Creating Transdisciplinary Dialogue
Edited By Marianne E. Krasny and Justin Dillon
Conclusion. Do “Arranged Marriages” Generate Novel Insights?: Marianne E. Krasny, Megan K. Halpern, Bruce V. Lewenstein and Justin Dillon
Do “Arranged Marriages” Generate Novel Insights?
Marianne E. Krasny, Megan K. Halpern, Bruce V. Lewenstein, and Justin Dillon
As the chair of the Department of Natural Resources at Cornell University, I am reminded daily of the challenges of cross-disciplinary work. Our department’s scholarship ranges from mathematical modeling of wildlife and fish populations to the anthropology of climate change in indigenous communities, with forest soils, invasive species, human dimensions of gas shale development, urban social-ecological systems resilience, and environmental education thrown in. Most of us define ourselves according to our individual discipline—be it fisheries biology, environmental ethics, or ecosystems science—whereas a minority, including myself, consider ourselves broadly interdisciplinary given that our scholarship has integrated both the biological and social sciences. Yet, regardless of our differences, we are united by a common mission to collectively apply our individual expertise to the stewardship of natural resources.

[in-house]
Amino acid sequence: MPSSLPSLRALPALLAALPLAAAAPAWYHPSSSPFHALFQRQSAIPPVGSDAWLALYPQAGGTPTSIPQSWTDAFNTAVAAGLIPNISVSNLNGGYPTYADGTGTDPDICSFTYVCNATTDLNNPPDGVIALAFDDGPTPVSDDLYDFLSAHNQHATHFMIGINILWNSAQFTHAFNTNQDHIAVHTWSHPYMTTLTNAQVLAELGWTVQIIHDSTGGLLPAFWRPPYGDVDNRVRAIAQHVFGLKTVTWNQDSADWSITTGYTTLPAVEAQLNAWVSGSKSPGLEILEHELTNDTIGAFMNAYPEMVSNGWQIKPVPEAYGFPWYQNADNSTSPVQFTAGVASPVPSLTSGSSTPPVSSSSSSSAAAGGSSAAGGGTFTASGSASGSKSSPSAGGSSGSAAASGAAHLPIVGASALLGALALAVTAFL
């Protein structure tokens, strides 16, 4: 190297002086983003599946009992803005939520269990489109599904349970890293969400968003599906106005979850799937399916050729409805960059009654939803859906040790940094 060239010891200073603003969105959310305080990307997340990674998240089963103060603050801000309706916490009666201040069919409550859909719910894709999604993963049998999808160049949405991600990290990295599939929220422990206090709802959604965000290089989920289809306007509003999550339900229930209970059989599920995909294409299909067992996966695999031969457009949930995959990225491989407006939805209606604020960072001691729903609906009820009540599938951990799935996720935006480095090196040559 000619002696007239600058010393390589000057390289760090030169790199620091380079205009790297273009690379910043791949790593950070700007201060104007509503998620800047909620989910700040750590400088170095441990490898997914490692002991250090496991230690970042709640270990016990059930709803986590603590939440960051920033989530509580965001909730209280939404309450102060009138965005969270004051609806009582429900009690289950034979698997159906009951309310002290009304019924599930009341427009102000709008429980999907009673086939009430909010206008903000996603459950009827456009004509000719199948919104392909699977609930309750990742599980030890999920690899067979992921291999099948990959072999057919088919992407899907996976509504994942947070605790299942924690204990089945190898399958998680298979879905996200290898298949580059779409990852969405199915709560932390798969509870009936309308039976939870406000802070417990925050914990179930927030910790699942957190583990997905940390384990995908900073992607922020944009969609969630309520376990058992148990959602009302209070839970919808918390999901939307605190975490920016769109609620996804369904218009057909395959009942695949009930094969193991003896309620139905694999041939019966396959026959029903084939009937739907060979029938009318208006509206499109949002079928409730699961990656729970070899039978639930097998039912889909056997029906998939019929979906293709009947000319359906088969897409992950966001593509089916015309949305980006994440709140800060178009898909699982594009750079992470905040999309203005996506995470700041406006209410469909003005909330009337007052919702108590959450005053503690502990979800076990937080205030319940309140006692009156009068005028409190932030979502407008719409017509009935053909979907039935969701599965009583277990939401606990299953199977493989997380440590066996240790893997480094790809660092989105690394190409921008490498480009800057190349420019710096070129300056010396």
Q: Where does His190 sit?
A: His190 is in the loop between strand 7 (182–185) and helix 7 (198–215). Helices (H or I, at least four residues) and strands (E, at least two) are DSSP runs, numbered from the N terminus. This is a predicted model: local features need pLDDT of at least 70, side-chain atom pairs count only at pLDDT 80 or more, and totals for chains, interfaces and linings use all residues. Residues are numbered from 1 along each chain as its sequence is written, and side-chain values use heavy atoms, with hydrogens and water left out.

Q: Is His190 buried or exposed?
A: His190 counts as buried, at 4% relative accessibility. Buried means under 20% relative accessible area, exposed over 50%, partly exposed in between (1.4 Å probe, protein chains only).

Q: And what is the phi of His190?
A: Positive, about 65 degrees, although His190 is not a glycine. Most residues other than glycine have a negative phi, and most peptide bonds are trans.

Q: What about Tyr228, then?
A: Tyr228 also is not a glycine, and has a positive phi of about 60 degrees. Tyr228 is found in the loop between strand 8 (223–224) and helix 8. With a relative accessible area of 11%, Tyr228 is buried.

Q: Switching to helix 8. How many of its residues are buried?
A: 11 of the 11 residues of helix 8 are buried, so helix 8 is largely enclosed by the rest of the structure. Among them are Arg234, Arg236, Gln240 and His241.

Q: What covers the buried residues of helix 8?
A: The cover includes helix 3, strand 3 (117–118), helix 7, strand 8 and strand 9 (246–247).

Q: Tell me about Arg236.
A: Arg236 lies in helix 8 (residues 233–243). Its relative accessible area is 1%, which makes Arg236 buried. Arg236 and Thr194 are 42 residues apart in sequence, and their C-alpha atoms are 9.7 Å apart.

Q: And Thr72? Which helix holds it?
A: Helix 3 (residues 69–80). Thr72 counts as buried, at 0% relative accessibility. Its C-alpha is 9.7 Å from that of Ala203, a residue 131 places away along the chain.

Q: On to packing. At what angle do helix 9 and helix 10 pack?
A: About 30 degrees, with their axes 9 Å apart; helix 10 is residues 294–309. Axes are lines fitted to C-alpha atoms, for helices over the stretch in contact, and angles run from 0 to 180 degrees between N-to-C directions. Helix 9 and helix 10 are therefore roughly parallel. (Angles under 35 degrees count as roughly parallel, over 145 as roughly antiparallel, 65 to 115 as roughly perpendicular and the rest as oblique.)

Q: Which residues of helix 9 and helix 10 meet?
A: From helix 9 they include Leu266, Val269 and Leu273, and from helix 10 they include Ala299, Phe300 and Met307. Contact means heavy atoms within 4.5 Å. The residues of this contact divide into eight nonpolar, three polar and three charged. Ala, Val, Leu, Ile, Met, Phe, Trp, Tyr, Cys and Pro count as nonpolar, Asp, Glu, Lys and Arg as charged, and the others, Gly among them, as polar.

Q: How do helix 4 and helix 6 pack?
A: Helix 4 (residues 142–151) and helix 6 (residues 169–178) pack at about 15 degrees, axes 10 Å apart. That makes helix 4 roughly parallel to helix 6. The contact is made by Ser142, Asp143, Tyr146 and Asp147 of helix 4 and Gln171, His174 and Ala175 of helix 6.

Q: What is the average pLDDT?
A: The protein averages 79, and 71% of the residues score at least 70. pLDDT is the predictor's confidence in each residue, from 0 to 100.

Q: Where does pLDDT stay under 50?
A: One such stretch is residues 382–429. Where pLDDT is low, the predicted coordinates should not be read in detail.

In addition to defining departments or faculties such as my own, cross-disciplinarity can be an approach to research, including that designed to address environmental problems. As one example, I was recently invited by a faculty member who studies conservation genetics of oysters in the New ← 253 | 254 → York City estuary to provide a social sciences perspective on an investigation of the motivations of volunteers who help raise the young oysters for release. Often, cross-disciplinary work in academic departments emerges in response to specific funding opportunities or requests from state and federal agencies for help in solving...
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